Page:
For many families, health care is a major expense, even with health insurance coverage. There’s a great solution that can help financially prepare you for out-of-pocket costs, and it may be right there in your wallet: A health savings account.

Perhaps you’re one of the people who recently enrolled in a health savings account under a qualifying high-deductible health plan, but you’re not exactly sure how it works or how to use it. With these tips and insights, you can reap the most benefit from your health savings account.

Familiarize yourself with your plan. If you have a health insurance plan with a health savings account, make sure you know how to check your balance and use the money toward your next prescription refill or doctor visit. If you’re unsure, your employer’s human resources department can help you.

Once you start saving, the money is there to pay your health expenses. As the name implies, money in a health savings account can help you pay out-of-pocket costs for a doctor’s visit, hospital stay and prescription drugs. It can also be used for other qualified medical expenses related to dental and vision. What many people don’t realize, though, is health savings account funds can be used for your family’s well-being.

The money you save stays with you. If you have experience with a similar benefit known as the flexible spending account (FSA), you may be concerned about meeting an annual deadline to spend all your money in the account. The upside of health savings accounts is that you don’t “use it or lose it.” If you don’t spend it, you can keep it. Even if you change jobs, move or get married, your health savings account goes with you.

Did you know there are triple tax savings? First, each contribution — which can be withdrawn from the paycheck and deposited into the health savings account — is pre-tax. Second, any interest earnings are also income tax-free. Finally, unlike some retirement accounts, fund withdrawals to pay for health care costs are also income tax free.

It can help you plan for retirement. Learn about your plan’s investment options, because this is where your savings can really take off. Turning 65 unlocks more benefits, including the ability to use health savings account funds to pay for some Medicare premiums or long-term care.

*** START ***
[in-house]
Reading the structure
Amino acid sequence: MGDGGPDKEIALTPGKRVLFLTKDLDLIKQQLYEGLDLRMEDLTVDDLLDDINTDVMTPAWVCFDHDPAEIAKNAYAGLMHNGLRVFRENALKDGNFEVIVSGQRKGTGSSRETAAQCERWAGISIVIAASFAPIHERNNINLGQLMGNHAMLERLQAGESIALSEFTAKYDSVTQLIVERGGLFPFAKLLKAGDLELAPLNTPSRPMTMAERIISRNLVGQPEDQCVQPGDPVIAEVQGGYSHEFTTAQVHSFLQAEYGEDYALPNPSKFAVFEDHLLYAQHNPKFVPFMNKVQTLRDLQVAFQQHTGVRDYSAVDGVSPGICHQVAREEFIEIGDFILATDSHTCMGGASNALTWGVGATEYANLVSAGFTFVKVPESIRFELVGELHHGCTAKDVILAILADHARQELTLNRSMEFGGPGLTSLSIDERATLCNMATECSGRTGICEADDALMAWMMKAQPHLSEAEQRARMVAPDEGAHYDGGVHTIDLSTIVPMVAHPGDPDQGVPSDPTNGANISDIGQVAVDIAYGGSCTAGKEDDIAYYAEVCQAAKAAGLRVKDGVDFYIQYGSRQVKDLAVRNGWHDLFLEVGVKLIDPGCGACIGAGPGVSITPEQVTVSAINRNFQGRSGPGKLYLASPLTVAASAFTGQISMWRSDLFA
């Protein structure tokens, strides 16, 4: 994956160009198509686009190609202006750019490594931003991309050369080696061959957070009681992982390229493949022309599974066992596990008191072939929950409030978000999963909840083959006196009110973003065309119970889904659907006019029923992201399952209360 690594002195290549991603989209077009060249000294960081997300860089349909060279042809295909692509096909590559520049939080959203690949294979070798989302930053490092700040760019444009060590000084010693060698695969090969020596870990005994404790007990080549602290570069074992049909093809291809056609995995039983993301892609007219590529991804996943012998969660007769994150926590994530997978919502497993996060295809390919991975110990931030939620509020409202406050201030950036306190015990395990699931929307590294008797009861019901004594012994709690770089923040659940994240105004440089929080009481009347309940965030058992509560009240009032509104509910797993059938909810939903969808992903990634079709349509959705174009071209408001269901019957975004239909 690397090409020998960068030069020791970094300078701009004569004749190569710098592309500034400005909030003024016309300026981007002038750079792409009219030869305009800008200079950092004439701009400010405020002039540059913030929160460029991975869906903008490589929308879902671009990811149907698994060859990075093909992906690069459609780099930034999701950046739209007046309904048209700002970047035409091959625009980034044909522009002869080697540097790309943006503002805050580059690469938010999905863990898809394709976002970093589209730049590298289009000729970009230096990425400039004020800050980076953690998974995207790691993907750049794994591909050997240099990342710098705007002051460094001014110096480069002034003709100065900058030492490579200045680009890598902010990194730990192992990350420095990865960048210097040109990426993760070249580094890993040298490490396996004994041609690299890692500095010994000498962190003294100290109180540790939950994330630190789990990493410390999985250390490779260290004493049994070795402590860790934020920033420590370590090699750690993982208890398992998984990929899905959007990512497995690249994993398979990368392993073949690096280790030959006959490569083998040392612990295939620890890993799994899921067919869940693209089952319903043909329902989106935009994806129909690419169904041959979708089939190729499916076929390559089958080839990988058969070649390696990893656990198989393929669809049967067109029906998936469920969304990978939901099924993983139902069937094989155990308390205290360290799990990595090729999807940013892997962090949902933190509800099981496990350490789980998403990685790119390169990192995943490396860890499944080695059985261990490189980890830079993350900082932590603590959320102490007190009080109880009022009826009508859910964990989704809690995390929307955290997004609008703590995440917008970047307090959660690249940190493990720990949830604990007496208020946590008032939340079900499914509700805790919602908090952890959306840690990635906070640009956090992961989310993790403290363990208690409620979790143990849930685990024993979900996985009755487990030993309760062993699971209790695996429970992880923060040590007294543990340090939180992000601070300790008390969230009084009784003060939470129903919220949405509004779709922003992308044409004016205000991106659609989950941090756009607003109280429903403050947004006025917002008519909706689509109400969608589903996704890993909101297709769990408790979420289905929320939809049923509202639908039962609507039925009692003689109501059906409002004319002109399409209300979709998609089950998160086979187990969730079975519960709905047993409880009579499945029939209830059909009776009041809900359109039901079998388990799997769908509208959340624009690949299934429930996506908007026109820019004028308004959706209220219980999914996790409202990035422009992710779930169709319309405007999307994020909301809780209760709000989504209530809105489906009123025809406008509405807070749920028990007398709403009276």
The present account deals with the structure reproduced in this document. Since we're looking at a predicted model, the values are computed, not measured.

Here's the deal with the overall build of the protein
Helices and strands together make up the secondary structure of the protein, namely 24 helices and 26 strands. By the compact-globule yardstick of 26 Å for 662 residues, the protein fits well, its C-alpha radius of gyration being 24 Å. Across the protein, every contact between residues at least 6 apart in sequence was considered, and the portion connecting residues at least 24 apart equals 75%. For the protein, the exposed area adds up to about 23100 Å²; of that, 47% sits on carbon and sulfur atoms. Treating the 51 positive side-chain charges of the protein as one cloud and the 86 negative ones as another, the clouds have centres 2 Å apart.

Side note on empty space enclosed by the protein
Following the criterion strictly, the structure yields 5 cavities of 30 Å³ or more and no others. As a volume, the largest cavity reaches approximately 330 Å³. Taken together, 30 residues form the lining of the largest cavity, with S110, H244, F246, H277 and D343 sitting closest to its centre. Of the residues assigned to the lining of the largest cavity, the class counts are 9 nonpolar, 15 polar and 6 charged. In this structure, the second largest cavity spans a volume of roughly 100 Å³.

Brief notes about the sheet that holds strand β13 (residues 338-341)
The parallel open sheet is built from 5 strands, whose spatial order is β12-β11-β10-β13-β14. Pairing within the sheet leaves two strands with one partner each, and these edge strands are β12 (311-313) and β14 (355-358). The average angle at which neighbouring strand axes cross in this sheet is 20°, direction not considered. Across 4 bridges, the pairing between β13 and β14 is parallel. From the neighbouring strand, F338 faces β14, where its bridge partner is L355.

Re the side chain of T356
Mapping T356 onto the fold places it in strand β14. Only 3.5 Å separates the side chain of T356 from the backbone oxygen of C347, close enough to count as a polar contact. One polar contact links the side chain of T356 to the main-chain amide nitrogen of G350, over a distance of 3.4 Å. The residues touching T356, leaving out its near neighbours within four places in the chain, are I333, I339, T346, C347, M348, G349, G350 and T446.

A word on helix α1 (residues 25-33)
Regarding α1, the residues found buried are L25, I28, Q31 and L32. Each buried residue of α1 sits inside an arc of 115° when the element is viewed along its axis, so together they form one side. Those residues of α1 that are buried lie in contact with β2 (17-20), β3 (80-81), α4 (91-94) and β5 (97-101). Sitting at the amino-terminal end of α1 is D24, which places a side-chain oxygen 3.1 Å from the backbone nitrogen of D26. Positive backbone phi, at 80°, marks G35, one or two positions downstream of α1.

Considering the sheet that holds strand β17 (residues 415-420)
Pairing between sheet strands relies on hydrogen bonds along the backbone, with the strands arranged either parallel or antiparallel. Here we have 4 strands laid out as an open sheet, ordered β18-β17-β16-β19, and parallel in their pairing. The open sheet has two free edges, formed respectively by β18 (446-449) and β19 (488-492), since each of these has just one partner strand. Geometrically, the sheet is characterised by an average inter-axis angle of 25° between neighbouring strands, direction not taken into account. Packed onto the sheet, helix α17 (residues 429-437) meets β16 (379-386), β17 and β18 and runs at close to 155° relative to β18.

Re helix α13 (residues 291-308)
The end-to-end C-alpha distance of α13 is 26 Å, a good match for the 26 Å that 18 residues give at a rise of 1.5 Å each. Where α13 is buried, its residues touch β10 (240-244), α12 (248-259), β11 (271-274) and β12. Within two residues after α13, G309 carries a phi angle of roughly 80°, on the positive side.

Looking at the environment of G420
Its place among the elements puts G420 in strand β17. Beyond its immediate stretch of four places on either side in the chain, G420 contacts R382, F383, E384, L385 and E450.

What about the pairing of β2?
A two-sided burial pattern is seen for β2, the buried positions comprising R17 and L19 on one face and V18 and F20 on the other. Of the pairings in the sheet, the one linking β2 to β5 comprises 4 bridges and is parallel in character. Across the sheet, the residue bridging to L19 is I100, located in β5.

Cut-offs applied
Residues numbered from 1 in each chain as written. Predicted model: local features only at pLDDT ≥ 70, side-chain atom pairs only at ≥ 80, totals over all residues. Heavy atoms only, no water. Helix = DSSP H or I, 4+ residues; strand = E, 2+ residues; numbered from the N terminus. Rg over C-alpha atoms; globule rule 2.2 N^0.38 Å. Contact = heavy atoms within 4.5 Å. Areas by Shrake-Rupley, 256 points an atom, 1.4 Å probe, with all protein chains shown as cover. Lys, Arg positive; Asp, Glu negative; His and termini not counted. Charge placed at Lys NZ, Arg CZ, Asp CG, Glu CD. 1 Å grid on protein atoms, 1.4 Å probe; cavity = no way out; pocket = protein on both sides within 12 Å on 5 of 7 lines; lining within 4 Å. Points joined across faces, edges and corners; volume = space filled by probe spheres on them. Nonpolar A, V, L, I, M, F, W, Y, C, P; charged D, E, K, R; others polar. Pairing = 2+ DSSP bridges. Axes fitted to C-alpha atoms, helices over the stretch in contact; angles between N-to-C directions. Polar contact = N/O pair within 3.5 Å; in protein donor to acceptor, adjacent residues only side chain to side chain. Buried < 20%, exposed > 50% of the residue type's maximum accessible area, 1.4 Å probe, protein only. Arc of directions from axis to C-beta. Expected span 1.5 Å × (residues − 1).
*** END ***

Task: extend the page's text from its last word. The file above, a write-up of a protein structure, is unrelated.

You can shop around to find a plan that’s best for you. You can open your own health savings account as long as you have a qualifying health insurance plan. When shopping around, comparing details, such as access to low-fee investment options, accounts with no surprise fees, and the availability of tech tools like Alexa or Google Home or an easy-to-use mobile app, can help you reach your decision.

— Brandpoint


According to Forbes, America’s richest self-made women for 2018 are:

1. Diane Hendricks ($4.9 billion)

2. Marian Ilitch ($4.3 billion)

3. Judy Faulkner ($3.5 billion)

4. Meg Whitman ($3.3 billion)

5. Johnelle Hunt ($3.2 billion)

6. Oprah Winfrey ($3.1 billion)

7. Judy Love ($3 billion)

8. Doris Fisher ($2.8 billion)

9. Elaine Wynn ($2.6 billion)

10. Lynda Resnick ($2.4 billion)


2.4 million: Duncan Hines recently announced the voluntary recall of 2.4 million boxes of cake mix because of a potential risk of salmonella contamination. The cake mixes include: Classic White, Classic Butter Golden, Signature Confetti and Classic Yellow.


Amazon to add 2 new headquarters

Amazon recently announced it will shift the placement of a second headquarters from one city to two. Originally, the online retail giant had planned to open a second headquarter equal to the one in Seattle in one city, but will add a second city to take advantage of technical talent around the country. Amazon has not announced which two cities will get the second headquarters, but currently has 17 North American tech hubs with about 17,500 employees.

— More Content Now